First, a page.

Deontay Wilder has described himself as the "hardest hitter in boxing" after his seventh-round knockout of Luis Ortiz in Las Vegas on Saturday.
The Cuban had dominated the first six rounds, but was knocked to the floor by a stunning right hand from Wilder, 34.
He retained the WBC world heavyweight title with his 42nd win from 43 fights, 41 of those by knockout.
"I think I earned my respect to say I'm the hardest-hitting puncher in boxing history. Period," said the American.
"I do what I do time and time again. I give people great fights and great knockouts."
Wilder has produced 10 successful defences of his WBC belt, which he has held since January 2015.
The only fight he has not won in his career was the draw with Tyson Fury in Los Angeles in December 2018. Even then, he still put Fury on the canvas in the ninth and the final round.
But the Alabama boxer feels his achievements deserve more recognition.
"You've got to give me my credit," he said. "It's sad that it took me over 40 fights to get the recognition that I truly deserve.
"When people see me, they have never seen my style. It took them a while to get used to what I display, my talent that I present to boxing.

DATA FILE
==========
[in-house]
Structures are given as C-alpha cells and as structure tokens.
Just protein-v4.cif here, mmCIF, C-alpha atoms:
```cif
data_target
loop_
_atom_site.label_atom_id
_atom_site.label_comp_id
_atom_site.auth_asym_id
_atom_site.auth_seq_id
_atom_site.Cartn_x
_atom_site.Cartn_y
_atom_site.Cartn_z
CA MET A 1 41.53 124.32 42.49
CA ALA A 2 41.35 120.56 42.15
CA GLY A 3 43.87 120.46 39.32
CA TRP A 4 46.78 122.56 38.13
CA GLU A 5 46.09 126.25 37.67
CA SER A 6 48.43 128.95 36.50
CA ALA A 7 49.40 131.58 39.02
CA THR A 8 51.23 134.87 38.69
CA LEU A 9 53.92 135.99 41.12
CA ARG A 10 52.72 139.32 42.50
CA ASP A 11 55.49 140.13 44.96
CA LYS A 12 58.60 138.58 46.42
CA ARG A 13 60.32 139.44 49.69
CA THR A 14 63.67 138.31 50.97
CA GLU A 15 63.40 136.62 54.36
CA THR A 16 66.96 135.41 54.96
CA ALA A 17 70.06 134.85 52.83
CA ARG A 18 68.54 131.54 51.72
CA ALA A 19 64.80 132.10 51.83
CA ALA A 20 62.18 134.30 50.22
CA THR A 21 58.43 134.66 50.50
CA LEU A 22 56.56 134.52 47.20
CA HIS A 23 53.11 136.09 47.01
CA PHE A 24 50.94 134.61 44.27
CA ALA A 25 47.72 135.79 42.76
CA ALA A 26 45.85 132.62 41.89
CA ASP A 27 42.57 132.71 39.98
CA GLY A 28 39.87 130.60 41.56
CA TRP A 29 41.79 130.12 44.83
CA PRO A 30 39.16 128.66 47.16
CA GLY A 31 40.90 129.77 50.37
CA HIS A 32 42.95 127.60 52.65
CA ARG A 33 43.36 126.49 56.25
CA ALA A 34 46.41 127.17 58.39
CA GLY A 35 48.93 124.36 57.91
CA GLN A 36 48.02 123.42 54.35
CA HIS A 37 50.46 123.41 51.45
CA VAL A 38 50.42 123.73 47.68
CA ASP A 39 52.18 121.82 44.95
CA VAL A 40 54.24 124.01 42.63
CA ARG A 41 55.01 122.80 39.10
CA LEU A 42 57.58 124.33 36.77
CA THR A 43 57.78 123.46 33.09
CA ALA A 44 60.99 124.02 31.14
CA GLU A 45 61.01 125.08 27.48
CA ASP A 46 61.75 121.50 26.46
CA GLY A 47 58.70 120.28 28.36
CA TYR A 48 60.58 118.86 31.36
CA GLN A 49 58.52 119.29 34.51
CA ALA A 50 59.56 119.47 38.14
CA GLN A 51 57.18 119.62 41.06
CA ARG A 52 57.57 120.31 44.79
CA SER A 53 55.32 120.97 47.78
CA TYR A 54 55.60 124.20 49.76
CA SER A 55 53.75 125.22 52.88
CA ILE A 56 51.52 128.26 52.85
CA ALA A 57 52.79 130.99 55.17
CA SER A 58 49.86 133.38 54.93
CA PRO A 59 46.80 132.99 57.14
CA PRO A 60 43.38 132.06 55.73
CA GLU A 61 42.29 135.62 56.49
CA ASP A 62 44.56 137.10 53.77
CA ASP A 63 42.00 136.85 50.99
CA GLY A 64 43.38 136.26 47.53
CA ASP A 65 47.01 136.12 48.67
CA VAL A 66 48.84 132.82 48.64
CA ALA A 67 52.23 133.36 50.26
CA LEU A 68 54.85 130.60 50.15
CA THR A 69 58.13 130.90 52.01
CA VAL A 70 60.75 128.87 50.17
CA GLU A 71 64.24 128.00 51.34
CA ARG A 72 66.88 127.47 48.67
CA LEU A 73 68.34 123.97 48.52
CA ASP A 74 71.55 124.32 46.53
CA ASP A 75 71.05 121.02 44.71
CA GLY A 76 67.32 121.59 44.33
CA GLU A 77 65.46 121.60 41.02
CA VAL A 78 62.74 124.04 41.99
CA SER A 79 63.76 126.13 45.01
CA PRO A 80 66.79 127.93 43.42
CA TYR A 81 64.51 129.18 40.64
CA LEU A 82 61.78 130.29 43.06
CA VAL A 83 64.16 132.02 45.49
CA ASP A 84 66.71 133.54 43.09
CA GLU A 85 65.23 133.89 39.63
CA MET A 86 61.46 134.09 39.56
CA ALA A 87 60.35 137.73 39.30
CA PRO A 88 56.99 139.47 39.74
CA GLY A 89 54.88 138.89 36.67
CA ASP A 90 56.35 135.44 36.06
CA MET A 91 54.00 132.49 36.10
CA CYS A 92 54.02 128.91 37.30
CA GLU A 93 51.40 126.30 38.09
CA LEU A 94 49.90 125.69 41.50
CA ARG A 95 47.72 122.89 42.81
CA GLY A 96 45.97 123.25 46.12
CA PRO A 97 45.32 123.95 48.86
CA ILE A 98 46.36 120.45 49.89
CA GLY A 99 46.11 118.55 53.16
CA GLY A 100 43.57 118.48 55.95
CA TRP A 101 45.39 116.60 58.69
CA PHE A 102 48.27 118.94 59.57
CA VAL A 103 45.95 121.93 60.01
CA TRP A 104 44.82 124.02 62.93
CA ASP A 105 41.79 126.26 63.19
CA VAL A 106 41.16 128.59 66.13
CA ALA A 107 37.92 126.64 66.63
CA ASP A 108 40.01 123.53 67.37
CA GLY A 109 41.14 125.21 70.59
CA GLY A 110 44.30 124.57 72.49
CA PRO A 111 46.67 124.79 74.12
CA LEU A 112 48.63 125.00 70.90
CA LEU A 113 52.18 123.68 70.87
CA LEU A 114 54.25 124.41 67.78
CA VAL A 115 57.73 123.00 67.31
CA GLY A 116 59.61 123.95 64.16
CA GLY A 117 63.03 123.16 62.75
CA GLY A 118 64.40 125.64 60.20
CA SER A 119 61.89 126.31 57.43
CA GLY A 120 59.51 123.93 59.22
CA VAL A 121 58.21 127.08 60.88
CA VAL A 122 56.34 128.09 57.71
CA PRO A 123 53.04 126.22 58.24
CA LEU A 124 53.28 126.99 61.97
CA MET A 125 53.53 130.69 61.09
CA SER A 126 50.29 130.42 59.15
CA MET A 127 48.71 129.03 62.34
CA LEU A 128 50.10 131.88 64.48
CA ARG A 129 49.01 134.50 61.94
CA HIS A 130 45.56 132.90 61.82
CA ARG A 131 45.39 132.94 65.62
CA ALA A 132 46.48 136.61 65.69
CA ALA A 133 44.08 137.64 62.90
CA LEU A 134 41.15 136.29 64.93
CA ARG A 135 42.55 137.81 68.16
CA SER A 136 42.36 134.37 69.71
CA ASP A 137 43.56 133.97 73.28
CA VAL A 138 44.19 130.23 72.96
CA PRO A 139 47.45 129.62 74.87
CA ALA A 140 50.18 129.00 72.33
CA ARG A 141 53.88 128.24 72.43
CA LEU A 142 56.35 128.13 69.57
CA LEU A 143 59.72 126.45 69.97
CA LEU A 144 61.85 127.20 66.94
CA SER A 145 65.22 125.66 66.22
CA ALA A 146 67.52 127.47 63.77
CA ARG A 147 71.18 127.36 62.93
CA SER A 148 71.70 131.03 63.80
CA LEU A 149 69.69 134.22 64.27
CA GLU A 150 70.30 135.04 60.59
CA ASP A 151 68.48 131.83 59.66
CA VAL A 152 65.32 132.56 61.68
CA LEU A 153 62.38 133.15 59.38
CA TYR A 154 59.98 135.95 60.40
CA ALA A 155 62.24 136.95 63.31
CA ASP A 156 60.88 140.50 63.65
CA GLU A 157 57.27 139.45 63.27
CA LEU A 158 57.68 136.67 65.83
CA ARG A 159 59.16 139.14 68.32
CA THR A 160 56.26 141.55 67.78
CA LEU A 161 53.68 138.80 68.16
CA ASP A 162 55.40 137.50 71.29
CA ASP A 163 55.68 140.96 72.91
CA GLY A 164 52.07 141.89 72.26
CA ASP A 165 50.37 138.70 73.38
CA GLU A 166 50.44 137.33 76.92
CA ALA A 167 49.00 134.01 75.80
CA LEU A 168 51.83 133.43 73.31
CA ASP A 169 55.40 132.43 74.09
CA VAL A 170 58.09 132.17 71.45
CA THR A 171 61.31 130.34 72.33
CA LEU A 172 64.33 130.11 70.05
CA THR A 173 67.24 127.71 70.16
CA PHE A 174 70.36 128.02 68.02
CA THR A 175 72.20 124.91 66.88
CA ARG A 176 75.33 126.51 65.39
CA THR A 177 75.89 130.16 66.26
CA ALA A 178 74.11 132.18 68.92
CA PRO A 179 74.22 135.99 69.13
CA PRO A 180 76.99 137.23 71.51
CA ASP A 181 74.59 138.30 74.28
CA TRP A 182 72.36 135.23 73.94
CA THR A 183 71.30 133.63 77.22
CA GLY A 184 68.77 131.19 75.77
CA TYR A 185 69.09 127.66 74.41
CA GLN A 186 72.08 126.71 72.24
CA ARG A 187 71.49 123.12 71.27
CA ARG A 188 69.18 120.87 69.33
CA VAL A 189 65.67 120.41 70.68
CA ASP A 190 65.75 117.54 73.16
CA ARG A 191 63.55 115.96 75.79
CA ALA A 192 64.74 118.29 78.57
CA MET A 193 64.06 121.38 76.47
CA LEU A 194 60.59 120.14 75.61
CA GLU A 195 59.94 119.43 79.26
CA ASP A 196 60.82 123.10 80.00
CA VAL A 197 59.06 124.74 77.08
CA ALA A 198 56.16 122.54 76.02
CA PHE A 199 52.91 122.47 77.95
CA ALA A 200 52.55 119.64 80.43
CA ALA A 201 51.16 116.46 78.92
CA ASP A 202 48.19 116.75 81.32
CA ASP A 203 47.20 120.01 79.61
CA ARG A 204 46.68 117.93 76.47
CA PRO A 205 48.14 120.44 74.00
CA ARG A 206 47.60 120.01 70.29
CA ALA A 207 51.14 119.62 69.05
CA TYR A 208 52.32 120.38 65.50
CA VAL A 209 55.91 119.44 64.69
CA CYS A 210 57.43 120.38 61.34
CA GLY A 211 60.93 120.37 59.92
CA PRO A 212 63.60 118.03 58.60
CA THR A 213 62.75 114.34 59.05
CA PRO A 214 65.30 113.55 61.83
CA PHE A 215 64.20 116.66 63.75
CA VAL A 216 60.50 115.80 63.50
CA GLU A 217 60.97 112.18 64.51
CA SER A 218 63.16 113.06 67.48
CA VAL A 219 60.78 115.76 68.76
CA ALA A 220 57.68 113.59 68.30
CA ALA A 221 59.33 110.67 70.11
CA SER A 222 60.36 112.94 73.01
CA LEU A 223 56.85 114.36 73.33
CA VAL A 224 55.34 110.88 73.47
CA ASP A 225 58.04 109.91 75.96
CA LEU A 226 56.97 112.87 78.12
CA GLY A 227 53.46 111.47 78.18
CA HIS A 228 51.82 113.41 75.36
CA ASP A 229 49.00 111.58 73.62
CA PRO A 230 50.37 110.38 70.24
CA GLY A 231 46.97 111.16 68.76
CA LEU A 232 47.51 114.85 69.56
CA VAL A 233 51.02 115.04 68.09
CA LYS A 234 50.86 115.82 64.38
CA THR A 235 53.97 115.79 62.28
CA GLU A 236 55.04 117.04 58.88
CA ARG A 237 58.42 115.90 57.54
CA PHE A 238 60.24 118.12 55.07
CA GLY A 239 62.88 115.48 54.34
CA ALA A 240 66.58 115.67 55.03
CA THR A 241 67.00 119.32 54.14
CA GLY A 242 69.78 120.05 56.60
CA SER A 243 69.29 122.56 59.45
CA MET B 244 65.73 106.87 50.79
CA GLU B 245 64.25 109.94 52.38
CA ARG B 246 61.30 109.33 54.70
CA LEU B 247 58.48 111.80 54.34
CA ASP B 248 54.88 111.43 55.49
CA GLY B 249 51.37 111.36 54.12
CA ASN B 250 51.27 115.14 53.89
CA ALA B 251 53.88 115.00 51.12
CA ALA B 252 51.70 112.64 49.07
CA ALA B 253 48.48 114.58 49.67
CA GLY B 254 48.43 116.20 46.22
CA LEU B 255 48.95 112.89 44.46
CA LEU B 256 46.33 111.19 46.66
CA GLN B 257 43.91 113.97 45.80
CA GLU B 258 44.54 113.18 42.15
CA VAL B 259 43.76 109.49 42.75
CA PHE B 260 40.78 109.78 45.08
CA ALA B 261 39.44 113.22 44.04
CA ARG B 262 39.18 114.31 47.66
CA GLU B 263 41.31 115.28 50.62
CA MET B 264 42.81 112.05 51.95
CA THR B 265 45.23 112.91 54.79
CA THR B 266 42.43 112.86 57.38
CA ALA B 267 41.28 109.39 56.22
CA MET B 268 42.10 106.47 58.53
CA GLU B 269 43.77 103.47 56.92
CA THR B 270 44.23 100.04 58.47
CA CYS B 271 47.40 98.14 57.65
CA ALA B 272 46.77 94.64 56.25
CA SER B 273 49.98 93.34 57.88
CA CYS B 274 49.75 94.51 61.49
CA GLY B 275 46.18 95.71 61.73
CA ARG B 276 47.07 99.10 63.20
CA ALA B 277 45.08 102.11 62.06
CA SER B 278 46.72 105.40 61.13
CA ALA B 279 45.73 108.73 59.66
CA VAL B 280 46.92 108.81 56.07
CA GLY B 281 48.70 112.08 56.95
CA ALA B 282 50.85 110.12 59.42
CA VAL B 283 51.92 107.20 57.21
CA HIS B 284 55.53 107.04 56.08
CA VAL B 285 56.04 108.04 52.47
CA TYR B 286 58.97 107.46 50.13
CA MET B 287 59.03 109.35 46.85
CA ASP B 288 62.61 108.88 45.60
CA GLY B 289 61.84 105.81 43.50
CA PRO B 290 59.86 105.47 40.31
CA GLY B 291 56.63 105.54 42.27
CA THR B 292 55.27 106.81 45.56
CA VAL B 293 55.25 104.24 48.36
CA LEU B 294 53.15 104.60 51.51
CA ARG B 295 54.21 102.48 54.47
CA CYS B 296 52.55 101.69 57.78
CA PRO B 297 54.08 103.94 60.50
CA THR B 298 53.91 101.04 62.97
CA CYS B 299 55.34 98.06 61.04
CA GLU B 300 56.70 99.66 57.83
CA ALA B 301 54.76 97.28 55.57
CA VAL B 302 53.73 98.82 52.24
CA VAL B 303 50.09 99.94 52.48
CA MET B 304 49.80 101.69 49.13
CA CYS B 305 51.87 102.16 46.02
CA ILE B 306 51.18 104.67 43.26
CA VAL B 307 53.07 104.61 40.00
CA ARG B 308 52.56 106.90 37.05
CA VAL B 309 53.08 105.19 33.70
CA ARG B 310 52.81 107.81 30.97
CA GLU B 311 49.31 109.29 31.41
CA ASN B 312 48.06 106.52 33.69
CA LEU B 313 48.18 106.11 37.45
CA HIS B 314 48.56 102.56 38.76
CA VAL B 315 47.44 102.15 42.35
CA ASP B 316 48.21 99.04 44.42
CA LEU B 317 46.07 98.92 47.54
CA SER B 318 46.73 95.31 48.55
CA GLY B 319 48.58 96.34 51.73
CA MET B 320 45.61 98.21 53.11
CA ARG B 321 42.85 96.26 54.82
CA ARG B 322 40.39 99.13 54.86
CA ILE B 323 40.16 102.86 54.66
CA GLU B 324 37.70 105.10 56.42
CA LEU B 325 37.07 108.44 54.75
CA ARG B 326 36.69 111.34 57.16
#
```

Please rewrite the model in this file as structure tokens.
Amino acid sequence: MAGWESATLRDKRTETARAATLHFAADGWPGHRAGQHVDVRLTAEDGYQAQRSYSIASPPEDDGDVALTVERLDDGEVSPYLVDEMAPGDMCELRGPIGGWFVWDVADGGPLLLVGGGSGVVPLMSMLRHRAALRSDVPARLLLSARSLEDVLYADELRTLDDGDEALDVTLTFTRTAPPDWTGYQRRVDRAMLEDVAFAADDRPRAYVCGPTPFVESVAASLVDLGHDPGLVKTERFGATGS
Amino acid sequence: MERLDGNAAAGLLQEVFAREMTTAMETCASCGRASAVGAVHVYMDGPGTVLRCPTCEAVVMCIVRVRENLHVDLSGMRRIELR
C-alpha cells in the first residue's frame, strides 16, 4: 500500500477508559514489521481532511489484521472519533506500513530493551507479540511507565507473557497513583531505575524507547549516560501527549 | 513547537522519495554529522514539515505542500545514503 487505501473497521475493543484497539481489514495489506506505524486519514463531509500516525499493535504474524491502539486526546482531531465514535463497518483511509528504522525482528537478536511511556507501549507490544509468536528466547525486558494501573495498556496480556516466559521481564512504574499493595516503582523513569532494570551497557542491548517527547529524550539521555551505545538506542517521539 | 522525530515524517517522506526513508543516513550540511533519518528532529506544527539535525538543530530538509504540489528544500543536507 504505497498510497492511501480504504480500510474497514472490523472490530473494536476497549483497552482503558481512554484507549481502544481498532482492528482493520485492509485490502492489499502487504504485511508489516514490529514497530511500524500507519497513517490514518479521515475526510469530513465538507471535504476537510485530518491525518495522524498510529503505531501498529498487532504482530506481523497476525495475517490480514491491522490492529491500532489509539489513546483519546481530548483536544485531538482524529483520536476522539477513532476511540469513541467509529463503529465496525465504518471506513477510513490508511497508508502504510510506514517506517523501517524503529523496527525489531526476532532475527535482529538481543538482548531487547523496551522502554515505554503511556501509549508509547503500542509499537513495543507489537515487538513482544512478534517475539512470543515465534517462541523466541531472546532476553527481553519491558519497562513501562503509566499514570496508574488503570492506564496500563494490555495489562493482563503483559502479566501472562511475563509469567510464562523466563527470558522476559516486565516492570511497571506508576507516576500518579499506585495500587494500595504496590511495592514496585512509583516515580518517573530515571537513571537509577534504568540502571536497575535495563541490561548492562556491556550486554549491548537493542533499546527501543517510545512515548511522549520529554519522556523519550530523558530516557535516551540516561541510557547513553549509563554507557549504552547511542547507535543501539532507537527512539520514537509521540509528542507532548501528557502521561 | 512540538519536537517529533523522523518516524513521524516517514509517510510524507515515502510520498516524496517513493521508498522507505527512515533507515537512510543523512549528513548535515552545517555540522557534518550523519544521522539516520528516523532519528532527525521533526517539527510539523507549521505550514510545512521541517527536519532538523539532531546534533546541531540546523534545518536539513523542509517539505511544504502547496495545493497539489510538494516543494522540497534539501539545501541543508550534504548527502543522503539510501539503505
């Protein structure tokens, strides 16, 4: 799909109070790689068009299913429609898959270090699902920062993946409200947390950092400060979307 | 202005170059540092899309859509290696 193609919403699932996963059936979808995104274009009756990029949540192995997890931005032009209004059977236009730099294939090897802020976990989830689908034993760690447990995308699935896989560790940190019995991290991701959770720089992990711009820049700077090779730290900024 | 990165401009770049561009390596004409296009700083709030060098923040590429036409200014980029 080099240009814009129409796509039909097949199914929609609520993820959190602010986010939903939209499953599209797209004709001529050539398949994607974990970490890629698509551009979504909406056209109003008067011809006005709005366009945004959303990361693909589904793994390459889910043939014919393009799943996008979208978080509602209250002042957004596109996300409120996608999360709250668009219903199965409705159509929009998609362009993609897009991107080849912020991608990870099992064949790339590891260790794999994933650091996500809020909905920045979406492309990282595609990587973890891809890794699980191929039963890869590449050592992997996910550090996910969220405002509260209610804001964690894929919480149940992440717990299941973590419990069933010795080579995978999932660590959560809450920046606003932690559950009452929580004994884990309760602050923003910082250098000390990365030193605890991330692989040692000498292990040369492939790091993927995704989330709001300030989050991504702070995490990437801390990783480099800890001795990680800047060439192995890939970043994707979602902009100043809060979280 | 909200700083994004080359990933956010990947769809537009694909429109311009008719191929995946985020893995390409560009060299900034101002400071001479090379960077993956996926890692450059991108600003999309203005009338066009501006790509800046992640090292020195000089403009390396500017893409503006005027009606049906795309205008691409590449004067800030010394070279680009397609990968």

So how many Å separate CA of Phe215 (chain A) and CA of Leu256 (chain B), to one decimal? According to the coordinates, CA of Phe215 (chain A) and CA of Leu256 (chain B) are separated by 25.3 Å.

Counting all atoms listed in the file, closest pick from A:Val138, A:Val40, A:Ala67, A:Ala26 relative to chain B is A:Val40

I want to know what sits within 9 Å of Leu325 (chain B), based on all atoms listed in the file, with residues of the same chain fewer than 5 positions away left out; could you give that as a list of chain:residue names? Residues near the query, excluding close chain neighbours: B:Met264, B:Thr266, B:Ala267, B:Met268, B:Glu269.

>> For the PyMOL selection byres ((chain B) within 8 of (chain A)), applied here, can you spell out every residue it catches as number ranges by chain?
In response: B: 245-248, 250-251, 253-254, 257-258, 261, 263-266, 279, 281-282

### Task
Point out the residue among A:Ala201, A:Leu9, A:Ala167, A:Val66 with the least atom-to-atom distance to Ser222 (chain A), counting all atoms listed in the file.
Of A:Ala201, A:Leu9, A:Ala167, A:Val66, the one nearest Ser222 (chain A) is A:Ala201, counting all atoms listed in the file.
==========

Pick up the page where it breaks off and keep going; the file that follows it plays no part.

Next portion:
"It's different to any other fighter. It's not textbook. You can't really teach it and that's what makes me unique from the rest of these fighters."
A rematch with Fury is slated for 22 February and the Briton's trainer Ben Davison was ringside in Las Vegas on Saturday to see Wilder's win.
Responding to Wilder's victory, Fury tweeted: "Wilder has nothing more than a punchers chance vs me, I'm gonna school [him] even more than the first fight."
On Monday, the BBC Radio 5 Live boxing podcast with Mike Costello and Steven Bunce will debate if Wilder is boxing's greatest-ever puncher while also poring over the controversial scoring of Callum Smith's win over John Ryder in Liverpool on Saturday.